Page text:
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By Liz Bennett: www.undergroundmedic.com
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Howard: A man who ‘lives the life’ we may all have to live one day

Thursday, October 13, 2016 10:02
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Howard and his wife ‘live the life’ and his words of wisdom are worth their weight in gold.

Over to Howard:

This is a comment on could you survive a long-term grid down and life in the boonies.

Where we live there is a country store five miles away which has hardware , animal feed and mostly basic groceries. If you forgot to thaw meat for supper you can get frozen pizza and a couple kinds of canned dinners. They’re supplied from Anchorage with their own truck so if the grid goes down they will be empty in a few days. The nearest full service grocery store is forty miles one way so you don’t run to the store for hamburger. This is in normal times so we stock up and plan meals.

It was 5F here this morning (-15C). They don’t even cancel school until -50F. (-40F equals -40C). Yeah! It gets quiet as most people don’t travel when it is that cold.

We personally are off grid so the only way we would know about a massive grid down is if the internet stopped working. The local grid is not interconnected with anything else so it might not even go down.

I’m getting a bit too old to raise everything I would like and am looking for some one to partner on the garden to keep the land clear and productive. I expect that in a SHTF situation at least some of my town children, grand children and great grand children would show up and increase the labor force.

Living in the boonies still can allow for neighbors. You need to cultivate community. If you buy a remote property and don’t live there all the time it may not work in a time of crisis. For one thing a garden needs to be worked every year and I can tell you from experience that the weeds can get ahead of you even if you can be there two days most weeks.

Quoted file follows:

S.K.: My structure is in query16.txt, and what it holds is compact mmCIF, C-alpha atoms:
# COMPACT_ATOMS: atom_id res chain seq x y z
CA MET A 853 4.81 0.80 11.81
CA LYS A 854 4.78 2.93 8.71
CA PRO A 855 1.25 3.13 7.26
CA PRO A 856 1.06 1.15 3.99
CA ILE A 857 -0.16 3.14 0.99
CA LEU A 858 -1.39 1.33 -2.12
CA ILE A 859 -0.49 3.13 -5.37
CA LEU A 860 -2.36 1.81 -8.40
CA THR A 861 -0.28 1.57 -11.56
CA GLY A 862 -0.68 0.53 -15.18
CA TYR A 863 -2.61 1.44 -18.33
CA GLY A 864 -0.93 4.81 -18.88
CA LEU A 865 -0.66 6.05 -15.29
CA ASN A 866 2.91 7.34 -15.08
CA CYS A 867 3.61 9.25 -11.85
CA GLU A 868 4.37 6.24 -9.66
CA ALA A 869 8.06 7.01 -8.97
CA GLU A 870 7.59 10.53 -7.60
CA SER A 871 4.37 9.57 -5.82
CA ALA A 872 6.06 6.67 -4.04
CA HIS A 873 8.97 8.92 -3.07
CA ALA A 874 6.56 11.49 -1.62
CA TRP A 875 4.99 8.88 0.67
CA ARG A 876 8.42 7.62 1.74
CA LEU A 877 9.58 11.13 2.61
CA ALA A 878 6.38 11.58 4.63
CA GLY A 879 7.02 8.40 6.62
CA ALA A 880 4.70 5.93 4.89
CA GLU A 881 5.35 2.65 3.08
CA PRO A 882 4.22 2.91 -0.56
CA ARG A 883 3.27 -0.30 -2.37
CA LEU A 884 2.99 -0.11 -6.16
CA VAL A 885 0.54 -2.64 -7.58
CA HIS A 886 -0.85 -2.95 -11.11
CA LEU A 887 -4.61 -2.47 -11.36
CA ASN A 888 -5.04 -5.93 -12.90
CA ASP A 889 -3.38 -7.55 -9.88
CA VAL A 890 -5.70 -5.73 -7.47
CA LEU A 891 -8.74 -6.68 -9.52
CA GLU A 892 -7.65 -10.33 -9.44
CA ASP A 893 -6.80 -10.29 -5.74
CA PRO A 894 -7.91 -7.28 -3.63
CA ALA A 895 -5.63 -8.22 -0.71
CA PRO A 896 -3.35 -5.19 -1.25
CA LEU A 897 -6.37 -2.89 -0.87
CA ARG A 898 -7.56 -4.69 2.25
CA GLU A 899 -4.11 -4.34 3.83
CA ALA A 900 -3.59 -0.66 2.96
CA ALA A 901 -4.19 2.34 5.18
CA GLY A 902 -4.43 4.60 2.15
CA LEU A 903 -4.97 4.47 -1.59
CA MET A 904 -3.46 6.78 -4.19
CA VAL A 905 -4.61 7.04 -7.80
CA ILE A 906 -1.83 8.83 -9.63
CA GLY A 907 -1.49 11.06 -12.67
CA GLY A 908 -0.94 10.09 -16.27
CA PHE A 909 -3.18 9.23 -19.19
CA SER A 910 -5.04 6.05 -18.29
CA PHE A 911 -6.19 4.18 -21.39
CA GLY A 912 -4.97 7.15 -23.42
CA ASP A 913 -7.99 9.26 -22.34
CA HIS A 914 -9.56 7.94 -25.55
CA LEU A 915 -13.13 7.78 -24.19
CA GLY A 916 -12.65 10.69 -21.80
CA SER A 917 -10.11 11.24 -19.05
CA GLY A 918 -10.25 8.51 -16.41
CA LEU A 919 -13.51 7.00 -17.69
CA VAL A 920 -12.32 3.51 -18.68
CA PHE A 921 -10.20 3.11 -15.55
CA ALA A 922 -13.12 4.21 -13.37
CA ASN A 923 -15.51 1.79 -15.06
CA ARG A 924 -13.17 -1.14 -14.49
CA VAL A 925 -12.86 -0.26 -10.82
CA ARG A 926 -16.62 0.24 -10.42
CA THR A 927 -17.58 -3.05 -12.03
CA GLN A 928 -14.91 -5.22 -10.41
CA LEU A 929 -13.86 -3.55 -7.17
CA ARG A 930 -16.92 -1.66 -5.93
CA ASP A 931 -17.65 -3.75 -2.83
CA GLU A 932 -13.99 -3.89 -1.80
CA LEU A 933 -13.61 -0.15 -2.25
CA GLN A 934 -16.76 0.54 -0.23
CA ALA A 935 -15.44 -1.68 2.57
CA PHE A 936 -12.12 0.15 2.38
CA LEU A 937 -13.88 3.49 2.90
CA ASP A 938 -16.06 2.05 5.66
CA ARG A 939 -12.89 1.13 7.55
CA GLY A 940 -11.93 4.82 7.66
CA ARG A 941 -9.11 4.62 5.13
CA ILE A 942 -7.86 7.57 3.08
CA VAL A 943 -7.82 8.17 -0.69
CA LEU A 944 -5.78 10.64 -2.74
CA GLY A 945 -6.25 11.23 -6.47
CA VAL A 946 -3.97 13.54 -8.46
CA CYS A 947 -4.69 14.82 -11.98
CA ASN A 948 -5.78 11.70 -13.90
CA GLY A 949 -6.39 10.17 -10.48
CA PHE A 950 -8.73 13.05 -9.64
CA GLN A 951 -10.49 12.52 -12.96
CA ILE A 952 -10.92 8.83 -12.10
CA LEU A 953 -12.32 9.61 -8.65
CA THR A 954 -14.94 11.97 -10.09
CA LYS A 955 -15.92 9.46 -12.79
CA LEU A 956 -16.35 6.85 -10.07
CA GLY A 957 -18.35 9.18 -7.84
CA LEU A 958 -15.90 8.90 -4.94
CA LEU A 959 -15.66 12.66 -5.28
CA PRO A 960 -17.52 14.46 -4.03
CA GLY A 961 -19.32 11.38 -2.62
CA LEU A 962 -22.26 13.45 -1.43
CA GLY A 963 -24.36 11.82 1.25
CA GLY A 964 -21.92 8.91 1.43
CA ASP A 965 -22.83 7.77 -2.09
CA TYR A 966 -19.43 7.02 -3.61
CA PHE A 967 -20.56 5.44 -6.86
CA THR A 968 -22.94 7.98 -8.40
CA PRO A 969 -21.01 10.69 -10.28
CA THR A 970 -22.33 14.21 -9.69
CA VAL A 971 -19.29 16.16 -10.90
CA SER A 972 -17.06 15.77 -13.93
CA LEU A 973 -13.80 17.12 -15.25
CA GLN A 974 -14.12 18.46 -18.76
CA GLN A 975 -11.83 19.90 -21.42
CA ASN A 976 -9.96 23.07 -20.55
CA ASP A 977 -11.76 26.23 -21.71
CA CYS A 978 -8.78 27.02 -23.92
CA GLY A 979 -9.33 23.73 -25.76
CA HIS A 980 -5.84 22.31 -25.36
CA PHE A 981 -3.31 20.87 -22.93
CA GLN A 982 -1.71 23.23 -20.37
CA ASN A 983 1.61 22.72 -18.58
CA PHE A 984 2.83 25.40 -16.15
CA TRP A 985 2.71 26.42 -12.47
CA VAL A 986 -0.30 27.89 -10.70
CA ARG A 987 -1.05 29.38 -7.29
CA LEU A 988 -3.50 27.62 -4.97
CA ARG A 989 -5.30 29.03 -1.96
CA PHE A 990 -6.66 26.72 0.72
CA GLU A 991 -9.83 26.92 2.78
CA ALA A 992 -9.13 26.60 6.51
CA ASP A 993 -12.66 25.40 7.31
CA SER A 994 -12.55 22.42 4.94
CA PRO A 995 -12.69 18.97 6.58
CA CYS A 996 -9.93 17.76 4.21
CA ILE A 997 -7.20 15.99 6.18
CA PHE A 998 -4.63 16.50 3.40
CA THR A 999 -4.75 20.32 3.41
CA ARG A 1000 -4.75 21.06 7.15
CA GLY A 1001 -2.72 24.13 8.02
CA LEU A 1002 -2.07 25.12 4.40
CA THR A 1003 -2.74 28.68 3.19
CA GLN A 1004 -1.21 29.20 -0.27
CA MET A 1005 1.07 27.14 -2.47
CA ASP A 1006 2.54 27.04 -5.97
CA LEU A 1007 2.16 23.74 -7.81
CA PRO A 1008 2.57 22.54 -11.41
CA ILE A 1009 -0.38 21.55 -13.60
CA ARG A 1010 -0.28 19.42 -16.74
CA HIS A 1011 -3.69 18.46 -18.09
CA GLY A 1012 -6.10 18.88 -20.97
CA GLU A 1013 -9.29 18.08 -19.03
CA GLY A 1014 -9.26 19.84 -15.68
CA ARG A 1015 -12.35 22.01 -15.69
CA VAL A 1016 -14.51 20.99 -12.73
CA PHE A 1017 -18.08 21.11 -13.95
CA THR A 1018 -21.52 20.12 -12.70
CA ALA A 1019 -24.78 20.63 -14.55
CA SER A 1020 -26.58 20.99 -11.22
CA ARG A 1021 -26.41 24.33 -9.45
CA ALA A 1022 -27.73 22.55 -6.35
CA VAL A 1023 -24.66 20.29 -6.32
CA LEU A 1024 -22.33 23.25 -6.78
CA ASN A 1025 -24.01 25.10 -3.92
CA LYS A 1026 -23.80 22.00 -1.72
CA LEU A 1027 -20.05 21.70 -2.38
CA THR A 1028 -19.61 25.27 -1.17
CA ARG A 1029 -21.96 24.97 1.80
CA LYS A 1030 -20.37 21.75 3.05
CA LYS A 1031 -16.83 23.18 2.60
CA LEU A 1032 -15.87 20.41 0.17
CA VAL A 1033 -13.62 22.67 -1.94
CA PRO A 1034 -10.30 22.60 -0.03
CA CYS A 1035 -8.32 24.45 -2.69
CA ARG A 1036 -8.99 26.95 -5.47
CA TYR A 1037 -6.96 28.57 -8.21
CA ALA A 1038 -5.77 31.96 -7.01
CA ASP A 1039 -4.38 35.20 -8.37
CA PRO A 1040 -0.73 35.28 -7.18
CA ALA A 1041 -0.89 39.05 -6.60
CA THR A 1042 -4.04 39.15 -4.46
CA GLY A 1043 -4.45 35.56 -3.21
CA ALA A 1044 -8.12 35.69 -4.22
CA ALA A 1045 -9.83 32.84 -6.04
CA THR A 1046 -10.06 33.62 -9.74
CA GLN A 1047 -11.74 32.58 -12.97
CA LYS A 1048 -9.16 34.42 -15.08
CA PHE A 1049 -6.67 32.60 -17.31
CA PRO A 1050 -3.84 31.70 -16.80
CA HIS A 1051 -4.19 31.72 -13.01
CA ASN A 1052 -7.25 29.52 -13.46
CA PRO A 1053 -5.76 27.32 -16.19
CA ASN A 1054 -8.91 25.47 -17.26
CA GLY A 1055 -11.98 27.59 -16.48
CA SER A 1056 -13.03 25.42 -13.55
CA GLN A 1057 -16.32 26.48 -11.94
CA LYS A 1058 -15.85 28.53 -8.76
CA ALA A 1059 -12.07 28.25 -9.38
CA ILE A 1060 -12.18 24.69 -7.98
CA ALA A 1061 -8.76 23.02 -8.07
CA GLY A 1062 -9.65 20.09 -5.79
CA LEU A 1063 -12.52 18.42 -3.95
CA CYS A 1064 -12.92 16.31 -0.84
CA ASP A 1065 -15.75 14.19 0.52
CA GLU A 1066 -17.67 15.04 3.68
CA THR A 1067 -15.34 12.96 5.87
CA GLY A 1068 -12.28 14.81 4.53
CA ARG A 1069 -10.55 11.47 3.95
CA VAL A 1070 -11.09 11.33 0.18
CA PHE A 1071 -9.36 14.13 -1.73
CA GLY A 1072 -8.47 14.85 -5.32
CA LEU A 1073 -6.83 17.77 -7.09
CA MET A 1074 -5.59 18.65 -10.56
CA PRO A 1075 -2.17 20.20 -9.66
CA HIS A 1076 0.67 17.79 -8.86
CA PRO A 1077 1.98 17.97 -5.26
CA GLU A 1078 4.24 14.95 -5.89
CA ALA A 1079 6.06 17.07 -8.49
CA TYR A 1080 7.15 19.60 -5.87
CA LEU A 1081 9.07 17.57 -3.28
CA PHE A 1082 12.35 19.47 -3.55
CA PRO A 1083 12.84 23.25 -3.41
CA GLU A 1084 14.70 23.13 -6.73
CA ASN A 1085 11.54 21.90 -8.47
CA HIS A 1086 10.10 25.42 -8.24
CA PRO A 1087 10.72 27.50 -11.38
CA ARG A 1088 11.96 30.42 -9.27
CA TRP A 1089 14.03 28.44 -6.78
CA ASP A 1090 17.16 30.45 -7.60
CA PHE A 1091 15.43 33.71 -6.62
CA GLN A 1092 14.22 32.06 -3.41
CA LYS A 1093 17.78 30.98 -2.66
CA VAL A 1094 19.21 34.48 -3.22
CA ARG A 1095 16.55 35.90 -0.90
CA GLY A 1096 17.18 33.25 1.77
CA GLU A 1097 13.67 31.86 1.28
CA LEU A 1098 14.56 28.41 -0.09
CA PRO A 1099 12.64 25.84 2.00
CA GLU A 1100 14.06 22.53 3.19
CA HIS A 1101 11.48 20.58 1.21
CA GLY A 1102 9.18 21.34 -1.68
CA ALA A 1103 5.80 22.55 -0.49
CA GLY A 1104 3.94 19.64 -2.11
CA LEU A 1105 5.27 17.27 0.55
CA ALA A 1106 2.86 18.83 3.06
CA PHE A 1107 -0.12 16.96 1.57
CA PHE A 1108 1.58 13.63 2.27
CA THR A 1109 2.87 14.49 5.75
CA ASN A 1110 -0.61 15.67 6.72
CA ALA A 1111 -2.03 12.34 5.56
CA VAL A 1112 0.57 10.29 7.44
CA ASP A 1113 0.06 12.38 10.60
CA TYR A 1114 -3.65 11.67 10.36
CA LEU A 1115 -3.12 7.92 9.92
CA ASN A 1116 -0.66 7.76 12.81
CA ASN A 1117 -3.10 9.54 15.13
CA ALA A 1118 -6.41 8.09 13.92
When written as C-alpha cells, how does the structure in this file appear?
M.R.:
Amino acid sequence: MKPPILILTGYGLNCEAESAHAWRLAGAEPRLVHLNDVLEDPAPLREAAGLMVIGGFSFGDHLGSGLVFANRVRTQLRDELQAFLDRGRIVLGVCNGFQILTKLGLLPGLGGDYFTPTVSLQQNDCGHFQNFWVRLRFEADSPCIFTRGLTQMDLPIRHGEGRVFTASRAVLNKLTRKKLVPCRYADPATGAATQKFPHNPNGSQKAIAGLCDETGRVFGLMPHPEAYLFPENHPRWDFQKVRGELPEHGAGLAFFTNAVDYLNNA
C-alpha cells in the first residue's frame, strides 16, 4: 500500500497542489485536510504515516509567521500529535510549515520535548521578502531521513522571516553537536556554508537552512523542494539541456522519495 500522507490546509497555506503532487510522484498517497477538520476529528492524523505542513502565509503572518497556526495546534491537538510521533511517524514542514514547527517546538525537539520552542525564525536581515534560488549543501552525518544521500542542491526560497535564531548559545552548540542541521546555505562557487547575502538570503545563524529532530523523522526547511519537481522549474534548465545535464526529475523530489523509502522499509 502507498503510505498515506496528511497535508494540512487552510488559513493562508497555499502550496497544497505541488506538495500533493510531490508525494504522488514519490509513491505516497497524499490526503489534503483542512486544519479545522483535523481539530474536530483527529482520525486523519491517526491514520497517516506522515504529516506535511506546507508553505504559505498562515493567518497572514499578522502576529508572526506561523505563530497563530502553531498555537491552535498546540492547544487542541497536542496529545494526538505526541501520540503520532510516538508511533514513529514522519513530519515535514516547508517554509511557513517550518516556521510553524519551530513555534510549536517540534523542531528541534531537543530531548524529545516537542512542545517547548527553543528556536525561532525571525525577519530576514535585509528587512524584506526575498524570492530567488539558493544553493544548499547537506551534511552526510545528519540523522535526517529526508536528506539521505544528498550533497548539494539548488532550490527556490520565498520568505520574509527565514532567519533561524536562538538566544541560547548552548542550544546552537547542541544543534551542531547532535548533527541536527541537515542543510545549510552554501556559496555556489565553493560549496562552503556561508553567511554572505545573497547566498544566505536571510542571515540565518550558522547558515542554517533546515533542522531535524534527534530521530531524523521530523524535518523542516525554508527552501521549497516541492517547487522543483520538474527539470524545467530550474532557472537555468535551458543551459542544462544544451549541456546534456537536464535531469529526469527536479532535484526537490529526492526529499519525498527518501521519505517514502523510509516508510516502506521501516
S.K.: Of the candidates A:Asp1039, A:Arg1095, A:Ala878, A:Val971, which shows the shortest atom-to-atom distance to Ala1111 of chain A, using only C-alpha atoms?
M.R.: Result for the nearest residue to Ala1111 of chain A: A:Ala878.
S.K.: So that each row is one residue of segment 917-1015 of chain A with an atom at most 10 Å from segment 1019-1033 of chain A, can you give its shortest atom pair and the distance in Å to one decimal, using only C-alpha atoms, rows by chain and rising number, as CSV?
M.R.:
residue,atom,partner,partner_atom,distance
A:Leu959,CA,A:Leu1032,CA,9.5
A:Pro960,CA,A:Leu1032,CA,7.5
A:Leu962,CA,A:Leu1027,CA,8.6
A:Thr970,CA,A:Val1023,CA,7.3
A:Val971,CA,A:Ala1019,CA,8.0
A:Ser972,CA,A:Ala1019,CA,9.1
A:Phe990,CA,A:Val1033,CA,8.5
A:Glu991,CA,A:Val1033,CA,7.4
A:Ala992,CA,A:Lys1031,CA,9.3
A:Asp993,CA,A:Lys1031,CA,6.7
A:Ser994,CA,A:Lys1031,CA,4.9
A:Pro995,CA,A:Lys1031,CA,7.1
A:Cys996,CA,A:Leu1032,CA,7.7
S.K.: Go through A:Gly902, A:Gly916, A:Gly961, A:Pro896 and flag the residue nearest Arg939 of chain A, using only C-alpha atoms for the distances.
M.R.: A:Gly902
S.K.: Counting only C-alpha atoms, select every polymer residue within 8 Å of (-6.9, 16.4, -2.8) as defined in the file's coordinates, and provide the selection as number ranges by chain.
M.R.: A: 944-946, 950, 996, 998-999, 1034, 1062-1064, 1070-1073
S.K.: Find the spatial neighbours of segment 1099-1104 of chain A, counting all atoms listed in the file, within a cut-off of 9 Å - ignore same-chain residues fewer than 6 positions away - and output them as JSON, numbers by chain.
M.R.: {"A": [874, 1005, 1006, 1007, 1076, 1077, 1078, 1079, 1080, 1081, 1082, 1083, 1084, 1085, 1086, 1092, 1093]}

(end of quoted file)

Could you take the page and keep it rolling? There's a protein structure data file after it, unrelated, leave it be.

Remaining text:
We have solar panels but they don’t produce much in winter but most of our power use is internet and my grandson’s gaming computer so we could cut generator run time a lot (we usually burn about 5 gallons of gas a month in winter).

Our primary lighting is hard plumbed propane lights but we could cut back on the number of lights burning to conserve propane. We also have backup oil lamps and fuel. Our primary heat and cooking is the kitchen wood fired range (large airtight fire box). We have almost two years wood stacked and would ration gas to make sure we could keep the chain saws running.

The basic strategy is to keep your supplies stocked up and then go on tight rationing as soon as something serious goes down.

You can count on the fact that the boonies are at the end of the supply chain and if the world normalizes you will be the last to have a chance to resupply.

If life doesn’t ever return to normal you have time to work out how to go on as no one can know all the possible situations that could occur so there is no reason to waste energy and worry to try and plan for all the possible permutations of disaster.

***

Now that ladies and gentlemen is from someone who lives the life we all may be facing one day. Howard thank you so much for taking the time to read the articles and for the comments you make.

Take care

Liz

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